The stomach-churning #GuptaLeaks revelations have demonstrated in dismaying detail just how far President Jacob Zuma and his allies have veered off the path laid so painstakingly by struggle icons such as Nelson Mandela and Oliver Tambo.
Indeed, even if the media reports arising from the leaks can only be partially corroborated when held up to legal scrutiny, they never- theless point to serious dereliction of duty by several Cabinet Ministers and officials at State-owned companies. It is surely not stretching the point to argue that, amid these perpetual self-enrichment distractions, there is little chance that South Africa’s leaders have been fully attentive to the task of addressing the country’s real problems of poverty, unemployment and inequality.
The dots are being connected in ways that even the authors of ‘Betrayal of the Promise: How South Africa is Being Stolen’ – the admirable effort of academics to analyse the phenomenon known as ‘State Capture’ – could only have imagined. The horrifying picture emerging, though, corroborates their principal thesis of “a political project designed to repurpose State institutions to suit a constellation of rent-seeking networks that have been constructed and now span the symbiotic relationship between the Constitutional and shadow State”.
Together with the various other initiatives under way (from the Save South Africa campaign to the Unburdening Panel of the South African Council of Churches), the leaks have served to clarify precisely what the priority must be for turning around this rotten situation: President Zuma must either go, or must be forced to go – the sooner, the better. There is no room left for the Zuma-led faction in the African National Congress (ANC) to self-correct and the point of no return for the ANC as a whole is fast approaching.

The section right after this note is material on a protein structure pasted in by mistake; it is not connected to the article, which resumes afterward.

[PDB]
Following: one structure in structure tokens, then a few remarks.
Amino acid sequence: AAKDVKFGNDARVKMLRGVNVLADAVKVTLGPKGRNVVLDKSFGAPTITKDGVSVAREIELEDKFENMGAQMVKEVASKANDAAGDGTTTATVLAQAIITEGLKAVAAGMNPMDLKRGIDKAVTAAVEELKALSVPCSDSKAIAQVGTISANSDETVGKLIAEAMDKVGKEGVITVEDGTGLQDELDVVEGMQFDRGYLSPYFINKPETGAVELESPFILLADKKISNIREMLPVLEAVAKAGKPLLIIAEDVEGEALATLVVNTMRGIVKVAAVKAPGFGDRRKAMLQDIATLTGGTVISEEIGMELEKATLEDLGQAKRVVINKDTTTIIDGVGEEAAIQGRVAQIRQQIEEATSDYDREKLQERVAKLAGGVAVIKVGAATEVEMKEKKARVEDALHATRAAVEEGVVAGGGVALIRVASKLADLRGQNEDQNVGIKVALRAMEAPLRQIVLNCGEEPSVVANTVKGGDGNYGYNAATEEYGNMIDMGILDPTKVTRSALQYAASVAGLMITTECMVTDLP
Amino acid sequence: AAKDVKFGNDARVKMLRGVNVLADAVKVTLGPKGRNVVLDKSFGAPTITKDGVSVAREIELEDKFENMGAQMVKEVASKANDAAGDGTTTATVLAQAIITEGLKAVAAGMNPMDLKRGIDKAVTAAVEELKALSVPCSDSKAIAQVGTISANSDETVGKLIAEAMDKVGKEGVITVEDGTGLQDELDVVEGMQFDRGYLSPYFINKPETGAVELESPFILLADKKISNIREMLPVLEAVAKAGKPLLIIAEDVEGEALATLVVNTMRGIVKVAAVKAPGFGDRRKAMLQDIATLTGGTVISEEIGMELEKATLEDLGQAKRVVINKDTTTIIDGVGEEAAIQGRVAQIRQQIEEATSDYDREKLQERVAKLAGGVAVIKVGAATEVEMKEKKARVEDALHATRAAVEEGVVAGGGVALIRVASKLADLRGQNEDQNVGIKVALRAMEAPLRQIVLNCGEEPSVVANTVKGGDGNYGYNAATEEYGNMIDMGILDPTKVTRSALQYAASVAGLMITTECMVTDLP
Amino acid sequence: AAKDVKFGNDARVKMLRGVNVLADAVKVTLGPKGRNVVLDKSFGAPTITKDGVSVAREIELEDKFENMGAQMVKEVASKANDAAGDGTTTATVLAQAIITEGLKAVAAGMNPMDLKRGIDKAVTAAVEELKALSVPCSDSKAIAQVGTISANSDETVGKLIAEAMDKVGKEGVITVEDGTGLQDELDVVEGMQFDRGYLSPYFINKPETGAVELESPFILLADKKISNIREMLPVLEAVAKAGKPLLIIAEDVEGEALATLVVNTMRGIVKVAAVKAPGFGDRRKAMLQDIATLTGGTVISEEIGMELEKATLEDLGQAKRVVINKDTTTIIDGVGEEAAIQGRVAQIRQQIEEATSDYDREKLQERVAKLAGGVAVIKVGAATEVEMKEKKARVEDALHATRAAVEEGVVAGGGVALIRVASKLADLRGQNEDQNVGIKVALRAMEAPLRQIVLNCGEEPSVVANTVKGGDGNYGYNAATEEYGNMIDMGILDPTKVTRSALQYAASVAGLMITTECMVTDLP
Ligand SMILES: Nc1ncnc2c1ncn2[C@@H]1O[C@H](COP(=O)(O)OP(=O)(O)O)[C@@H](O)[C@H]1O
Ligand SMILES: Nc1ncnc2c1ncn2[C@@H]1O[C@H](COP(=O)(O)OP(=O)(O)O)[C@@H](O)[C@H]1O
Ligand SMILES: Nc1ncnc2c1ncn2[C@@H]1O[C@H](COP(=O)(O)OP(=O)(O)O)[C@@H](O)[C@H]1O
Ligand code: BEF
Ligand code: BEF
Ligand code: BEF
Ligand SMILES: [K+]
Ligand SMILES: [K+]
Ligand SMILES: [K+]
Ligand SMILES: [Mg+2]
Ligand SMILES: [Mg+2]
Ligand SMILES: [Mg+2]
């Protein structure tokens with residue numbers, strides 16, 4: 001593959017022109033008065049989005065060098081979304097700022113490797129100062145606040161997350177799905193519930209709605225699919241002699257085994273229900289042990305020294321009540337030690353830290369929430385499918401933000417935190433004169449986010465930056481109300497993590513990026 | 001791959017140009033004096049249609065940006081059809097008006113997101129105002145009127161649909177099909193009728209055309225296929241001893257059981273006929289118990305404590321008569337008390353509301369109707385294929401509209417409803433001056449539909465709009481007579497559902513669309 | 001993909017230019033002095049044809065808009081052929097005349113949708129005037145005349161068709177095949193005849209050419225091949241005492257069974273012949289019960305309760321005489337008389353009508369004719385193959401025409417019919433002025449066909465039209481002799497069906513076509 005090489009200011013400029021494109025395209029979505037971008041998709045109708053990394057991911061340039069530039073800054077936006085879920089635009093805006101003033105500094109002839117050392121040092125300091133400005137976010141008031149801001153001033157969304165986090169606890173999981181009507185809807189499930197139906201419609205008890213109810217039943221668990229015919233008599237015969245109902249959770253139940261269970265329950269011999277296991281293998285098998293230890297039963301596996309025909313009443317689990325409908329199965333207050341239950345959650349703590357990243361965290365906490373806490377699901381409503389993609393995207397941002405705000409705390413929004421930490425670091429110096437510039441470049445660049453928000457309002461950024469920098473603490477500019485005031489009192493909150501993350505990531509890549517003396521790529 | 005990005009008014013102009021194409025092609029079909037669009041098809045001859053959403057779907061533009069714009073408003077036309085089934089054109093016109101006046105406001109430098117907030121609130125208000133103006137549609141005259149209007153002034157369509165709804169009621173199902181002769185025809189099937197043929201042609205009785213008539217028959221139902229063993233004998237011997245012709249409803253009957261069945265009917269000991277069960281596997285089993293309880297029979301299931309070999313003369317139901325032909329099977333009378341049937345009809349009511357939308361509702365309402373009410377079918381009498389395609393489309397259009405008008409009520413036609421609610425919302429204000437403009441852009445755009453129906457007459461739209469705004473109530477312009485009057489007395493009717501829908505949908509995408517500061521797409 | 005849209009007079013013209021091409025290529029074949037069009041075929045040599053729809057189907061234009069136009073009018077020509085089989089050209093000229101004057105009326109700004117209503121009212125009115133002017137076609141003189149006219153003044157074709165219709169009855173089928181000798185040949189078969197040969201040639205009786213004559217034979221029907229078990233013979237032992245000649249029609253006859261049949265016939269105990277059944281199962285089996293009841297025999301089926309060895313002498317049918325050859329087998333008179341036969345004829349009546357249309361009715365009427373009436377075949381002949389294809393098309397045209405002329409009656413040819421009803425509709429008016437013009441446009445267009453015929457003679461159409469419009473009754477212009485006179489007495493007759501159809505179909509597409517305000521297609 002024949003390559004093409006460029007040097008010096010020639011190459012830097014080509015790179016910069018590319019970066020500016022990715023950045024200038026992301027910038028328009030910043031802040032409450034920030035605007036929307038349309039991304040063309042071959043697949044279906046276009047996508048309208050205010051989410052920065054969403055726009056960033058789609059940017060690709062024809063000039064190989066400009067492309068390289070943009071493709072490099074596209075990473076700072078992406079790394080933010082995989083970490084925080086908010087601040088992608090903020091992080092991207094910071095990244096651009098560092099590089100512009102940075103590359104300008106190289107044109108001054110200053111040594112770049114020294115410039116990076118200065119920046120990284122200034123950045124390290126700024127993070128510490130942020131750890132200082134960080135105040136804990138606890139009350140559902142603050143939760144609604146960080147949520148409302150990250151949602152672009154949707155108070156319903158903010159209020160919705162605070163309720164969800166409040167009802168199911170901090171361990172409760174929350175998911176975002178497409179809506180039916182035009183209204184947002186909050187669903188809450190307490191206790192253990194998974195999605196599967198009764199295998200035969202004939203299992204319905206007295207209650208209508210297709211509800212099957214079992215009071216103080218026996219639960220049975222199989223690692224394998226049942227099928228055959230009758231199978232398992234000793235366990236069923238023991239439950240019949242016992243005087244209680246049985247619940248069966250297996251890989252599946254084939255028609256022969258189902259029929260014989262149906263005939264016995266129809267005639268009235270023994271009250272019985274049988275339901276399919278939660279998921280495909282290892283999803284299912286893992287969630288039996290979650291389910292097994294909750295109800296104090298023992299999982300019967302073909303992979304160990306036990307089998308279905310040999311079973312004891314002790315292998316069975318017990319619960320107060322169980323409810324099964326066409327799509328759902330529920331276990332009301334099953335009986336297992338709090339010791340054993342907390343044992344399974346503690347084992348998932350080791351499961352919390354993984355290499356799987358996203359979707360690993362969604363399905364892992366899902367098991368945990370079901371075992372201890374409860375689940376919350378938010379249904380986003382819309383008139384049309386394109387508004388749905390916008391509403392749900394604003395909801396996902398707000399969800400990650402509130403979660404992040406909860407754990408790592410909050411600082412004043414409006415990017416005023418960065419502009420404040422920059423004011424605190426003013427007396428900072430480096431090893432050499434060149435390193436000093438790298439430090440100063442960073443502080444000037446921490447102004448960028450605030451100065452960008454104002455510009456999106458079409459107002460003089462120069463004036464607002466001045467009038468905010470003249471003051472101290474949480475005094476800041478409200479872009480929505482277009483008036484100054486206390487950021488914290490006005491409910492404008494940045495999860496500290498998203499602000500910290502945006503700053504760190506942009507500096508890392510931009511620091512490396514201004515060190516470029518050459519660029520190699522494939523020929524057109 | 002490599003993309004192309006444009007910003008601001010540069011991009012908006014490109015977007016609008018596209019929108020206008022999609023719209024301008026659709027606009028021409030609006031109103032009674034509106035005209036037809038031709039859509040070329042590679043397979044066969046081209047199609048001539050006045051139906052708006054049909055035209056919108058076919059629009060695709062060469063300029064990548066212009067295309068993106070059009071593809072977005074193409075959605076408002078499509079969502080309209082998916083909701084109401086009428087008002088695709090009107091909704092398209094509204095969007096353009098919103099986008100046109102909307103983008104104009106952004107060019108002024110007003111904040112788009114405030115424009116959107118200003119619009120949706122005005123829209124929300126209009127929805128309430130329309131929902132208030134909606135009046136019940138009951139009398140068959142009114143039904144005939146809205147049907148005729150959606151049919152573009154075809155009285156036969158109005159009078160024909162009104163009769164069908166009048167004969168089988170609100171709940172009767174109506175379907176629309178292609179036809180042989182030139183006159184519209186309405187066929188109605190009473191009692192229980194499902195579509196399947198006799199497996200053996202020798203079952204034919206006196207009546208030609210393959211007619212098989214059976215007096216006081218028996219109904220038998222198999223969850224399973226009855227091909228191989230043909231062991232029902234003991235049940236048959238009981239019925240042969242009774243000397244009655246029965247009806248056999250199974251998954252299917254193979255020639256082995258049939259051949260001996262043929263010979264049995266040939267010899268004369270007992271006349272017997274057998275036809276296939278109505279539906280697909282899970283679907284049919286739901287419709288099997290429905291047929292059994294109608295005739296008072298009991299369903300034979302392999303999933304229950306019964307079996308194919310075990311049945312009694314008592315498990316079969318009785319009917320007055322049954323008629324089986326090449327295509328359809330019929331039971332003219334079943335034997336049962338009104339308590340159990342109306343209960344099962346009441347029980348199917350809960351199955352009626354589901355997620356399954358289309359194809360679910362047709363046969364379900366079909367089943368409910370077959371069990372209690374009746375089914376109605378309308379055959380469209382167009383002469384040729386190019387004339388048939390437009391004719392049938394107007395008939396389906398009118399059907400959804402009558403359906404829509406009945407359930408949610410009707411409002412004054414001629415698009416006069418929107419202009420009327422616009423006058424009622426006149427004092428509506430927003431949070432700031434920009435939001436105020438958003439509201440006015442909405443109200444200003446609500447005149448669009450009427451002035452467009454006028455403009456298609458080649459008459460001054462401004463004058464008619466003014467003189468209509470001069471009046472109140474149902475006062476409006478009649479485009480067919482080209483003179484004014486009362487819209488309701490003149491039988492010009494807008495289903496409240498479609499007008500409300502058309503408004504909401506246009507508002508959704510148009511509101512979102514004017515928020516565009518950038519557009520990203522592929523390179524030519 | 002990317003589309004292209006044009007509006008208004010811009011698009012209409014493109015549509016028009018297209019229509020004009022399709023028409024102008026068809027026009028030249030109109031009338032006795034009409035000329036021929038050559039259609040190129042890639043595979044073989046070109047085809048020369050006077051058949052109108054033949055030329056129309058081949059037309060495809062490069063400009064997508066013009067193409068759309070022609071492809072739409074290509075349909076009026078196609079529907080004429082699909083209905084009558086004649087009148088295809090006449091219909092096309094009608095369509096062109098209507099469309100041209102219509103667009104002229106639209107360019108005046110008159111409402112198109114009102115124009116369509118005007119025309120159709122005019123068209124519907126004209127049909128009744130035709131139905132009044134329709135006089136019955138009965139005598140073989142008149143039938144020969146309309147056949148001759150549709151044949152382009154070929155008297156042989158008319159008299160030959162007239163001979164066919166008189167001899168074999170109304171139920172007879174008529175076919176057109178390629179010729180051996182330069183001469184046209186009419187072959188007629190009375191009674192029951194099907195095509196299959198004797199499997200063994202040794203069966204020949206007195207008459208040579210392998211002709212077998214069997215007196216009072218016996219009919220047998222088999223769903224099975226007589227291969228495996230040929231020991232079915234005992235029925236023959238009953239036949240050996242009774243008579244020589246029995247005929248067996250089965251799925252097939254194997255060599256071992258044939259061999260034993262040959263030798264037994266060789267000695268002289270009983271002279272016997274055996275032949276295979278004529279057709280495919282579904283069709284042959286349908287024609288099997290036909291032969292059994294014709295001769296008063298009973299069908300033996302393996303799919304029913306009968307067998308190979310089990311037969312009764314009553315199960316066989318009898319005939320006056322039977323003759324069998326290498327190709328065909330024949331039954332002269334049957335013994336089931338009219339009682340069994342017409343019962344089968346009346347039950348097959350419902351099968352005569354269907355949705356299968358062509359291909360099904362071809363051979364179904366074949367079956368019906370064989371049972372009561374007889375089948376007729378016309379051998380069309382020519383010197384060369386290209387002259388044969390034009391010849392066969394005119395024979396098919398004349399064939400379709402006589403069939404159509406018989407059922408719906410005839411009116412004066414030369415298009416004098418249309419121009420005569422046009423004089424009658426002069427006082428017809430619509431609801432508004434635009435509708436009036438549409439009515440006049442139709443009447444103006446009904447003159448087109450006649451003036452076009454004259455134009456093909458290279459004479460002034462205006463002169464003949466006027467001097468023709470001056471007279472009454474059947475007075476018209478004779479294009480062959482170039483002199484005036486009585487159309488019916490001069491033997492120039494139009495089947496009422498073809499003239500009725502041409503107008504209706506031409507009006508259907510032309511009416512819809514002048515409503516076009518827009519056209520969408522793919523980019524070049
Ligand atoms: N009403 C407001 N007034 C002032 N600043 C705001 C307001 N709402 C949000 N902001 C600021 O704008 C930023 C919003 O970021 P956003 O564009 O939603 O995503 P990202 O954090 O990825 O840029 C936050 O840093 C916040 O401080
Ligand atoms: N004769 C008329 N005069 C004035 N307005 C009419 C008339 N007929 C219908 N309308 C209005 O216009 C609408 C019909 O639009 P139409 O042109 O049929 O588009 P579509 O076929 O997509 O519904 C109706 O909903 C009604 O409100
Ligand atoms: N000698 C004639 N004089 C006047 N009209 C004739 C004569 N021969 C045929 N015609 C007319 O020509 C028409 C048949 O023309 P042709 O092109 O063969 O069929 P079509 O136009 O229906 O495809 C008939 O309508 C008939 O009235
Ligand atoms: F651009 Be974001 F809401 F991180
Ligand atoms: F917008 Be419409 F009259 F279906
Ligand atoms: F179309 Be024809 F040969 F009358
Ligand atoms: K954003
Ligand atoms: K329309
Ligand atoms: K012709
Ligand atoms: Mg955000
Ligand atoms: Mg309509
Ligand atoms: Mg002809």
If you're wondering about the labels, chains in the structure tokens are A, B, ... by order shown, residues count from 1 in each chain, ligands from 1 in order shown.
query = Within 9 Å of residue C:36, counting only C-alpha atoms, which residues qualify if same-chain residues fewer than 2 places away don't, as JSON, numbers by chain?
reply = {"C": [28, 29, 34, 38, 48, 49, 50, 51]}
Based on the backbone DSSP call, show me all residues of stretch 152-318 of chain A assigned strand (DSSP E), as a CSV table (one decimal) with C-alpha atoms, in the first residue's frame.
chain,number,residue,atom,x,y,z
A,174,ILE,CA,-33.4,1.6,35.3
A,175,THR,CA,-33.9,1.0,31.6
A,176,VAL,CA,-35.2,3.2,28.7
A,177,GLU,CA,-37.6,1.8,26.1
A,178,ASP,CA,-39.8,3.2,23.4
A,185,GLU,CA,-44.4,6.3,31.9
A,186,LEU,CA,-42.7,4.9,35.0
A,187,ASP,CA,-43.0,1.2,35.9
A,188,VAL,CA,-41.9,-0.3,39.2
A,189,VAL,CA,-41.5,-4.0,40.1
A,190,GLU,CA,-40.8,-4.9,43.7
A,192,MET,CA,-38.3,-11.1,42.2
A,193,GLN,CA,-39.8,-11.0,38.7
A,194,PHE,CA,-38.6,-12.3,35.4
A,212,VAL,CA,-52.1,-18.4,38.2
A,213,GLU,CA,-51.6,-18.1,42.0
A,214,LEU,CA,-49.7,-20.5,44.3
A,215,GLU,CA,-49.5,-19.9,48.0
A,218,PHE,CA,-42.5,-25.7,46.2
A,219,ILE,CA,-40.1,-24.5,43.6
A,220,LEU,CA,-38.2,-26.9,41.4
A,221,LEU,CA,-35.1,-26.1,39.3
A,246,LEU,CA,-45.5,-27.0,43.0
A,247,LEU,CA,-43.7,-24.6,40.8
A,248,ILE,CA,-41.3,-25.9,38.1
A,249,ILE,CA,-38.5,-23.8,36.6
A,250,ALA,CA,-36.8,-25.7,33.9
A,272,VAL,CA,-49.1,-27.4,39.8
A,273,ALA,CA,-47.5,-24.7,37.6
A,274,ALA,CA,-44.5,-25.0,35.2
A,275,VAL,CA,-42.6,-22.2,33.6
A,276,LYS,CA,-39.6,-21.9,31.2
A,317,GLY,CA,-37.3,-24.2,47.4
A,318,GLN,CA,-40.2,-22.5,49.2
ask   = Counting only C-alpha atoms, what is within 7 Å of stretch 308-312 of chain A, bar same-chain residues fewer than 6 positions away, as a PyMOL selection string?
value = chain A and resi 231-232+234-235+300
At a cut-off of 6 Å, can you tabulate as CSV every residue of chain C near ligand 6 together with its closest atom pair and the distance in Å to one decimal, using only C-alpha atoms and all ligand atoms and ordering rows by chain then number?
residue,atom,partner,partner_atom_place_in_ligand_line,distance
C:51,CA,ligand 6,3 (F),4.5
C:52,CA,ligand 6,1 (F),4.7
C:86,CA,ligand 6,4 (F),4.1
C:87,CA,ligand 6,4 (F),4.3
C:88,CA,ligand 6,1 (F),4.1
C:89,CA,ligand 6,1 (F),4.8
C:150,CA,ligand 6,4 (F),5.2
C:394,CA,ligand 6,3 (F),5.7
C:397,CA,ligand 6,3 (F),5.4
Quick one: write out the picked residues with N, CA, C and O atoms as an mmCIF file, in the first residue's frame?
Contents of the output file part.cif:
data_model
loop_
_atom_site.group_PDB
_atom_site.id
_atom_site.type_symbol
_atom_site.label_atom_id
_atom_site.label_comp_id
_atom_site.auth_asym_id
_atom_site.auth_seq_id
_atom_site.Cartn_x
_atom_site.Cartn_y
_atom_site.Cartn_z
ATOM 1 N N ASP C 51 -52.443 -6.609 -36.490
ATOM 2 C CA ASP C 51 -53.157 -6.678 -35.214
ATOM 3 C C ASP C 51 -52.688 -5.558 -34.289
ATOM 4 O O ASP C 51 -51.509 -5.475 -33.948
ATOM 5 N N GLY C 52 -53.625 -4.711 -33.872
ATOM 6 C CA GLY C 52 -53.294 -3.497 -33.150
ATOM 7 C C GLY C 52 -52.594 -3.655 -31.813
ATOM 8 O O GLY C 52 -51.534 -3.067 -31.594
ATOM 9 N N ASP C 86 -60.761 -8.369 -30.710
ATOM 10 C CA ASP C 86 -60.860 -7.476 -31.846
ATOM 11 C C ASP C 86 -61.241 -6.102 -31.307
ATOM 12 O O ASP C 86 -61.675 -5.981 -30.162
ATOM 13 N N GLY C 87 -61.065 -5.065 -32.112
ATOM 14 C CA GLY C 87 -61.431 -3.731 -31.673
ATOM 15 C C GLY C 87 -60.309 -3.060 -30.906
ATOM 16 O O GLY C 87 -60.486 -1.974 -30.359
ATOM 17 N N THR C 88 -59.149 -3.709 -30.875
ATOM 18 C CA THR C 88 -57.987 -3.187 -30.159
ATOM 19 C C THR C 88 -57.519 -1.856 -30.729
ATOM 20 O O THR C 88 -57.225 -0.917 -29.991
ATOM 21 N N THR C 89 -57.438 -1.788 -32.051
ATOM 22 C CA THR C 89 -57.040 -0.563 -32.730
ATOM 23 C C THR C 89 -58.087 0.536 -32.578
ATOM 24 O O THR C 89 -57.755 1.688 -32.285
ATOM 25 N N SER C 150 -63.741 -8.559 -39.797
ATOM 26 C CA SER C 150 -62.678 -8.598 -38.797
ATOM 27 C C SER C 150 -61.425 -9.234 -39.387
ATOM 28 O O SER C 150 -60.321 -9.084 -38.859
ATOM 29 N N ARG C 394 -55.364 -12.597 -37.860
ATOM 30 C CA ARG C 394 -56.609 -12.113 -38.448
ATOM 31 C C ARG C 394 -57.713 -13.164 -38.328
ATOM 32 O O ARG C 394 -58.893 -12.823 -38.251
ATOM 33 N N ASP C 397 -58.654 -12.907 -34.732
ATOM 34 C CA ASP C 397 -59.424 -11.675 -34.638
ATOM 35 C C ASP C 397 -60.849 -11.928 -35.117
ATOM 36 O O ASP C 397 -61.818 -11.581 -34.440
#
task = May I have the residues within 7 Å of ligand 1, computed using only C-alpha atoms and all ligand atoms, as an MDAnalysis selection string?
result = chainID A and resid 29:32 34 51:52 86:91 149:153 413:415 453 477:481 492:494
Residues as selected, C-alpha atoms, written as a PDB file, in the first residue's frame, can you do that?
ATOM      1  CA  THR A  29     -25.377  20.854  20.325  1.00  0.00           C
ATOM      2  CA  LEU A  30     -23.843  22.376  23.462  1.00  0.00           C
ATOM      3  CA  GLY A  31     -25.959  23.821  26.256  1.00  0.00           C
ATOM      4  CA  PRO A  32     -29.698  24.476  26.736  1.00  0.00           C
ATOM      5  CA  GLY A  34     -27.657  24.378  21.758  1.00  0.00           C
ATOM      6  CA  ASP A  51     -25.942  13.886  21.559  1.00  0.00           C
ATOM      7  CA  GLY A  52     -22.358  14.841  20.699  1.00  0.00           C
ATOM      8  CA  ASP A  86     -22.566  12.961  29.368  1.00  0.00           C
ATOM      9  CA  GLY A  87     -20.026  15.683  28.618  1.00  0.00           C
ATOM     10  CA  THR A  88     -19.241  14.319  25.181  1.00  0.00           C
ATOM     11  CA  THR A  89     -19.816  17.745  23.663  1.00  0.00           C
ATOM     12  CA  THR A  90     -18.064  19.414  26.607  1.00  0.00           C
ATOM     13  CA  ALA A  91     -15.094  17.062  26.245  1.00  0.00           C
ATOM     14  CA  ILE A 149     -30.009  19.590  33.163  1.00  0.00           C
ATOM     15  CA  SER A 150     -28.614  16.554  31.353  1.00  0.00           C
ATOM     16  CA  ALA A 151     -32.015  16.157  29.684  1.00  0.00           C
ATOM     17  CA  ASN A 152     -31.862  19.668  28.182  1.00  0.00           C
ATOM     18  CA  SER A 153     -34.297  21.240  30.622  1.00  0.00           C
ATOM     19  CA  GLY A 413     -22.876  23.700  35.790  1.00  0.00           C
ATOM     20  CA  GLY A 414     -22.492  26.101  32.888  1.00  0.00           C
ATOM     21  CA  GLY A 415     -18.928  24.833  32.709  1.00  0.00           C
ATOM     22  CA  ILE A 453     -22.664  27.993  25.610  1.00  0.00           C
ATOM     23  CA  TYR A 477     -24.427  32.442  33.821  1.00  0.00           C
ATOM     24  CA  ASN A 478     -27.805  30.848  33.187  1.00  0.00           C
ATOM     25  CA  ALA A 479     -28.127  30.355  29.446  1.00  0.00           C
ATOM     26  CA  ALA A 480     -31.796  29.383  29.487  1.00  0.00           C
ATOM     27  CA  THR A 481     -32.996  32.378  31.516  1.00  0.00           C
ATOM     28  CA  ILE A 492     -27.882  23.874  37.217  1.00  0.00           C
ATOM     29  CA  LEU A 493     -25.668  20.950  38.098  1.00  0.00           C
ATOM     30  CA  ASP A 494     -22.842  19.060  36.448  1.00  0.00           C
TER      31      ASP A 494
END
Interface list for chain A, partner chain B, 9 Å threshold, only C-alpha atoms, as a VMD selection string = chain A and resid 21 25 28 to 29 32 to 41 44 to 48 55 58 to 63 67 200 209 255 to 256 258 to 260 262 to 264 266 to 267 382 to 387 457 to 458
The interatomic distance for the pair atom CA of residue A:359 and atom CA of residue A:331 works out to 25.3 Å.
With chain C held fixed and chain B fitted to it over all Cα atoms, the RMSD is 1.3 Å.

However, Zuma’s departure is also arguably only a necessary condition for any honest project designed to ensure that South Africa truly eradicates the shadow-State threat. Unfortunately, it will not be sufficient on its own to prevent the future “silent coups” involving new, or repurposed, rent-seeking networks.
For this reason, it is arguably vital for high-profile prosecutions to follow on from any judicial commission of inquiry into State capture, along with stiff sentences for those found culpable. That is also why it is so important for the remedial action proposed by former Public Protector Thuli Madonsela in her ‘State of Capture’ report to be implemented and for the commission to be headed by a judge selected by Chief Justice Mogoeng Mogoeng. Should Zuma appoint the commission, its credibility and integrity will be in serious doubt from the start.
Now the pragmatists among us will, no doubt, highlight the risks associated with pursuing such an uncompromising strategy. They will argue that it raises the political stakes too high – potentially even to a point where the war of attrition currently under way between the ANC factions becomes yet more protracted.
However, without following through with prosecutions, there is a genuine risk that South Africa simply sheds one poisonous coil only to find that a new, as venomous, creature emerges to take its place.